Bunco crimes rise during bad economic times, says Greg Ovanessian, a fraud inspector with the San Francisco Police Department. Recently, a pair of con artists fleeced eight elderly people out of more than $100,000 in a month before skipping town. Elderly victims often lose more than just the money -- many of the victims Ovanessian sees ask him not to tell their children about their foolishness. "They're embarrassed," he says. "They're worried their kids will try to put them in a nursing home." Con artists are good at playing on the weaknesses of the gullible and the good hearted, but it's the greedy person within each of us that they can make their fortunes from.

Until recently, Annie didn't know what it was like to need money. She grew up well off. As an adult, she ran a printing business and then an advertising company, and her husband was a pilot. But she always had a cushion of family money to fall back on. When she was in her late 40s, the McGuires decided to retire with a nice nest egg in a conservative retirement fund. They were not wealthy, but they were comfortable. "But it wasn't enough," Annie says. "My husband was a Depression baby. He had a major want list: cars, a plane, a yacht. Horses! It was completely out of the question."

Annie wasn't into the toys she could buy with money; what she loved was the game of getting money. "Gaining money itself wasn't for me," she says. "Power was my big thing. People mattered to me." After she retired, she had plenty of time on her hands, so Annie set about trying to make money, and connections, by trading various commodities -- cigarettes, sugar, crude oil, frozen chicken, scrapped tankers -- in a sort of underground network of middlemen. Annie loved being the middlewoman, the center of attention, the fixer, the connection, the sun around which these constellations of deals orbited.

None of her deals made money -- most of them fell through -- but at least they were legal. Annie ran up phone bills as high as $1,500 a month in the process. And, in one very bad deal, she lost her $100,000 nest egg. Annie was devastated, but she figured she'd make up all the money she'd lost on the next deal, when she got an in on something she could really profit from.

Then along came a man known as "the Trader." Annie says the Trader told her he was a member of an international trust that made short-term, high-yield loans. At first, Annie worked hard to impress the Trader. She had grown up reading adventure stories and loved the intrigue, the foreign connections. Within days she had succeeded in delighting him with her intelligence, her business savvy and her well-heeled connections.

The trader quickly initiated her into the "secret, high-powered" world of international finance and later gave her limited power of attorney over his accounts. He put her in touch with people who seemed to work for important foreign banks. "I was tired of years of disappointing trades," Annie says. "I was frantic because I'd lost so much money." For an outgoing person, the strain of keeping the deals a secret, of holding so much responsibility, became isolating. She felt alone and increasingly terrified. She says the Trader looked like a white knight come to save her.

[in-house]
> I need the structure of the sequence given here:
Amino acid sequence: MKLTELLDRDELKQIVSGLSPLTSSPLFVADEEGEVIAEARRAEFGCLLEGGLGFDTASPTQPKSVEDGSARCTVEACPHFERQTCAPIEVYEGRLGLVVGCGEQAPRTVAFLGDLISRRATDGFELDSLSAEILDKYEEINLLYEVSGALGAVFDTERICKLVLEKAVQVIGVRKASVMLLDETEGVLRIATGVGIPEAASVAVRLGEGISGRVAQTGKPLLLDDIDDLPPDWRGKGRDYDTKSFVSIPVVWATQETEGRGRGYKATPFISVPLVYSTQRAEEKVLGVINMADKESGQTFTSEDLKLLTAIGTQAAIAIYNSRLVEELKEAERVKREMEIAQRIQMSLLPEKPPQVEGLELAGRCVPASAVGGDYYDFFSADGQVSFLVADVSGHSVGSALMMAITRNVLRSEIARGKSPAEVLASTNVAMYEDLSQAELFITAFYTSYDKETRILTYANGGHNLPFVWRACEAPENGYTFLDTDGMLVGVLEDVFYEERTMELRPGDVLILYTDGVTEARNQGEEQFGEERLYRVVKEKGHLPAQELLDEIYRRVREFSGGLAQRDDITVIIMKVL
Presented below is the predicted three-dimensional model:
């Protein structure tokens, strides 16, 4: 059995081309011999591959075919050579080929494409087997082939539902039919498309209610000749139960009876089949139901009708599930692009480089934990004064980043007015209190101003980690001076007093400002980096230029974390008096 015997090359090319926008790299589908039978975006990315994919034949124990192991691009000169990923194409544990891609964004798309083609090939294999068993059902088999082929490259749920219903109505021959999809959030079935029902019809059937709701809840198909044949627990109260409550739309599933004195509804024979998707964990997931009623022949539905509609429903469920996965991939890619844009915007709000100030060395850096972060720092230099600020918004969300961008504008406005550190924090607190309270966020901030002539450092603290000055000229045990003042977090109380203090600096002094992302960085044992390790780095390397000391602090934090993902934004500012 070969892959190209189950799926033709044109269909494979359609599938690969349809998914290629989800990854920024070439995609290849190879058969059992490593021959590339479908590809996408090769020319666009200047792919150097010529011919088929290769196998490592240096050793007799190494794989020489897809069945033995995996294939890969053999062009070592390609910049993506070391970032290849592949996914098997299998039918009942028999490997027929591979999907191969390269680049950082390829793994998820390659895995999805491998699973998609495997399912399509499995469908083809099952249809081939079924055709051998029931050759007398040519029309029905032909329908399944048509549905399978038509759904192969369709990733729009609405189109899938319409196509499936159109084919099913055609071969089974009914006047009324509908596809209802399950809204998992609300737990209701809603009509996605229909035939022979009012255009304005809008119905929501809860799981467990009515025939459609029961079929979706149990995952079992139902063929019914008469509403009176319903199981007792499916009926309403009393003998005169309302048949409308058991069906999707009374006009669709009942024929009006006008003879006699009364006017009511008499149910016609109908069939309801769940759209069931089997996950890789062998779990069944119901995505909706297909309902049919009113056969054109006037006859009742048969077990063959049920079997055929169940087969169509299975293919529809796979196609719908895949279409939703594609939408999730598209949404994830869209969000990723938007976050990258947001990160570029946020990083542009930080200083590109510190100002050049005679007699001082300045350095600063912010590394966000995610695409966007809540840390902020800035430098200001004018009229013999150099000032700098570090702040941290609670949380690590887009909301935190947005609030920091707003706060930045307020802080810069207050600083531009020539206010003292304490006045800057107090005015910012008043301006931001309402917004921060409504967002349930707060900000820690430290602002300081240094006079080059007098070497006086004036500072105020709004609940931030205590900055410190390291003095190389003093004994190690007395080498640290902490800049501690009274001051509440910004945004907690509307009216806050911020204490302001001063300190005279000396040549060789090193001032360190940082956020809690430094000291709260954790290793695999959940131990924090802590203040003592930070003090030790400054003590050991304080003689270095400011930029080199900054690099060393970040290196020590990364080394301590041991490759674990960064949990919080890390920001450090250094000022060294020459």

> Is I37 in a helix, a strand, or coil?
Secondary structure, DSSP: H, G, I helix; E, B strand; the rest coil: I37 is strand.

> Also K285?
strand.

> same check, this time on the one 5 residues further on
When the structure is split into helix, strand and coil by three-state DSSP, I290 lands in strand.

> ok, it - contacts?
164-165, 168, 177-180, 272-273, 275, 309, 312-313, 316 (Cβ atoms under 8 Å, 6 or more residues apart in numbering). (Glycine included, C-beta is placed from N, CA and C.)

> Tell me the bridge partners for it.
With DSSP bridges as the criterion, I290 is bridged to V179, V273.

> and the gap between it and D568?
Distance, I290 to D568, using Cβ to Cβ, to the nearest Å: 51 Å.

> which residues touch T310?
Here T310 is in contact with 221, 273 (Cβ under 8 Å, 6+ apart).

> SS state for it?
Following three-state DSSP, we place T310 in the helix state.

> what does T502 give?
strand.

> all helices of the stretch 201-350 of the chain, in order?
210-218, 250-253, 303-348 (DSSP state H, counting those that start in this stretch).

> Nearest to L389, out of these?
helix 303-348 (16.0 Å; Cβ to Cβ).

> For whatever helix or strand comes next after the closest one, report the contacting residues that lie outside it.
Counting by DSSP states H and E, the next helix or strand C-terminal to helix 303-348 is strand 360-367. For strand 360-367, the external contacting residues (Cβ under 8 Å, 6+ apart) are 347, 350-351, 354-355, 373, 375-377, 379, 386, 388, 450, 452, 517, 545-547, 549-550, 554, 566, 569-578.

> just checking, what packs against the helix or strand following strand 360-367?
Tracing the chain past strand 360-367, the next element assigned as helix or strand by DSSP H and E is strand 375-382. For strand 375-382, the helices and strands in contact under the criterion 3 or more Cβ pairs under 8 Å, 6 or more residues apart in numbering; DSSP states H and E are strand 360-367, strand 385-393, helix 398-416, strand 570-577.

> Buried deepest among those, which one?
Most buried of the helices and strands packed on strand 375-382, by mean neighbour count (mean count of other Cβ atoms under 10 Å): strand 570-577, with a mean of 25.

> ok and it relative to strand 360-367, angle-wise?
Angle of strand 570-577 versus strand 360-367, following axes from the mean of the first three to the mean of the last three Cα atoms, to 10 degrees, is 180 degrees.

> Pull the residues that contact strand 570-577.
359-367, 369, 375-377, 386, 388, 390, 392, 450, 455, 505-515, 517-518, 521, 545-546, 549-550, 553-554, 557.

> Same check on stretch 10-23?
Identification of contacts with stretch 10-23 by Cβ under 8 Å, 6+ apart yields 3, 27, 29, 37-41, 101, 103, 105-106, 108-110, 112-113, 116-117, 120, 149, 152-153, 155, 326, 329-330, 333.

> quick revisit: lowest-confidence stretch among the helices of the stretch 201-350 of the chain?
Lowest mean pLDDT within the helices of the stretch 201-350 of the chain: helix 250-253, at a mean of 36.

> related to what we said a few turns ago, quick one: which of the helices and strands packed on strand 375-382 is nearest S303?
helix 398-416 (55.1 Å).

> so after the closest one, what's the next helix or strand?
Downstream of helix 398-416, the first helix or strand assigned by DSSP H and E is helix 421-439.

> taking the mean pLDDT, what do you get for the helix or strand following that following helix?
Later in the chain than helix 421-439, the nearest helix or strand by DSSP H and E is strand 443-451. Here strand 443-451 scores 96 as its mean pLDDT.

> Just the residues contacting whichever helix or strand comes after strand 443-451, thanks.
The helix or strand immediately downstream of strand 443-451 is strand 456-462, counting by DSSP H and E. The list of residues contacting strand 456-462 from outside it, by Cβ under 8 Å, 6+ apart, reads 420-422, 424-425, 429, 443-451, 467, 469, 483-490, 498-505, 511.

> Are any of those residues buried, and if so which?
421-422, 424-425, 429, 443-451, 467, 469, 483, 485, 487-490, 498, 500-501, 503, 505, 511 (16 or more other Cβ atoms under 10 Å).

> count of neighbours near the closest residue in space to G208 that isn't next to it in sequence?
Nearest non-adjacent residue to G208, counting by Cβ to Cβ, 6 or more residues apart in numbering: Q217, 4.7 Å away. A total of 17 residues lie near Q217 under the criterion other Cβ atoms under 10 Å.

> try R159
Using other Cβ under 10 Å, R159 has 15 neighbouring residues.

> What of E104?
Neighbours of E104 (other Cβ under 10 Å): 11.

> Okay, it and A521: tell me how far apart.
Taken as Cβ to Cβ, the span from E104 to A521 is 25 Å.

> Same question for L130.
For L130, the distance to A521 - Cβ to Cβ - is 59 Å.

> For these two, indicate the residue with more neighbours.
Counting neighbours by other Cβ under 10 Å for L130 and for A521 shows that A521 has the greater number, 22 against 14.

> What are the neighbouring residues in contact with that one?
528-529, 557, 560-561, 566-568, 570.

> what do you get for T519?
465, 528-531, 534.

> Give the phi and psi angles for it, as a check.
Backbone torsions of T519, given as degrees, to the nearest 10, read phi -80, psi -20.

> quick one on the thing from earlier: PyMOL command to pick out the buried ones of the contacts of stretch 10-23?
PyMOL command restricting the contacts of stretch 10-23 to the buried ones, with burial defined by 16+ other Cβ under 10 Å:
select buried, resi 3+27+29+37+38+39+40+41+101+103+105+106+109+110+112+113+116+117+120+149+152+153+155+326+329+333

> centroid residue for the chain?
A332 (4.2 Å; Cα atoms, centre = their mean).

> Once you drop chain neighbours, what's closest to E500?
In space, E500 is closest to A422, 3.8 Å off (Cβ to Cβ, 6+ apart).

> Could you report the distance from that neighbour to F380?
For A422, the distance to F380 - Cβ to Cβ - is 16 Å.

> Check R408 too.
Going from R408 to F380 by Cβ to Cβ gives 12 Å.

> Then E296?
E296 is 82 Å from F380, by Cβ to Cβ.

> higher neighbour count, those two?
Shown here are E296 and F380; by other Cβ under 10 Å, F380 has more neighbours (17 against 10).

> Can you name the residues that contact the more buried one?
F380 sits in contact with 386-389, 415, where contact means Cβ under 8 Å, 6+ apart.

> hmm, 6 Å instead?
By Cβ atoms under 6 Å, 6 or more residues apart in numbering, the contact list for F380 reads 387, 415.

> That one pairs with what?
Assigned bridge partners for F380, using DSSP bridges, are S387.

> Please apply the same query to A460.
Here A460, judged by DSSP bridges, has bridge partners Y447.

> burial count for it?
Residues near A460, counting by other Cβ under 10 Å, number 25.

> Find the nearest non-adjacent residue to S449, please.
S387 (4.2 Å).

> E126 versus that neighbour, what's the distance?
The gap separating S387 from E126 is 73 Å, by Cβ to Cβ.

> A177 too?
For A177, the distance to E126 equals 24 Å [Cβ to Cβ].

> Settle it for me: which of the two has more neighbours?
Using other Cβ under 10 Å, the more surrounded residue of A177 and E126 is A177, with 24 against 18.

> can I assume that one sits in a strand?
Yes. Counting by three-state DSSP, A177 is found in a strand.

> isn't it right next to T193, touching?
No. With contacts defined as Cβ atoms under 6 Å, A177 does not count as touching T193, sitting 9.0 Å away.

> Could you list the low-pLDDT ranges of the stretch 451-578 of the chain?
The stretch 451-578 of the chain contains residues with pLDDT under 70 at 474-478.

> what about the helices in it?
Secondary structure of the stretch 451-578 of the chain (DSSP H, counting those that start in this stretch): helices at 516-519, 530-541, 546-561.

Looking back now, Annie says it was obvious she was dealing with a crook. But the crook, like any professional con artist, set about knowing Annie well. He got her to talk more about herself than he spoke of his own life. "They mirror your passions and dislikes," she said. "They build up the mark's profile and, at the same time, they keep you off balance." It was as though the Trader was standing in front of Annie, cutting a key to fit into her lock, his approach was so perfectly honed to her inner desires. That is, after all, why they're called confidence men.

Annie saw the Trader's scheme as a way to help other people, to get the kind of beneficent power she dreamed of, while helping her husband buy the horses or the plane. Worse, she decided to help other people make money, too. "I saw myself as some kind of hero," she says. "They were going to benefit from my deal." She thought she was turning her contacts on to financial security, and even luxury, for life, so she got them to give her huge amounts of money -- a total of a million dollars. From the Trader, she received notice of commissions, which she thought would replace her nest egg. She gave her investors receipts, and she got receipts from bank accounts in the Bahamas. The Trader said the money would turn around in six weeks.

It didn't, of course. There were excuses -- and then the Trader began to threaten Annie when she complained. He showed her an ID card that identified him as an employee of the CIA. "Once you're in, you can't afford not to continue," Annie says. "You would have to admit too many things." In their last phone call, she says, the Trader told her a foreign government might jail the investors, and he himself was sick from the stress. After that, she couldn't reach him. It became clear that the money was gone, and with that came the sickening realization that she'd been scammed. She called the FBI.

In the aftermath -- as she discovered that all the documents she'd been given were forged, all the phone numbers misleading, all the pretexts false, all the money gone forever and no fortune just over the horizon -- Annie had to come to a bigger realization about herself. She had been neither intelligent nor a hero. "I had wanted to give my contacts this financial structure to support them, but I hadn't even left them with sand," she says. Her voice breaks as she talks about her shame. "It's not recoupable," she adds. "There's a loss of faith, an emotional misery caused to other people. Time can't fix it."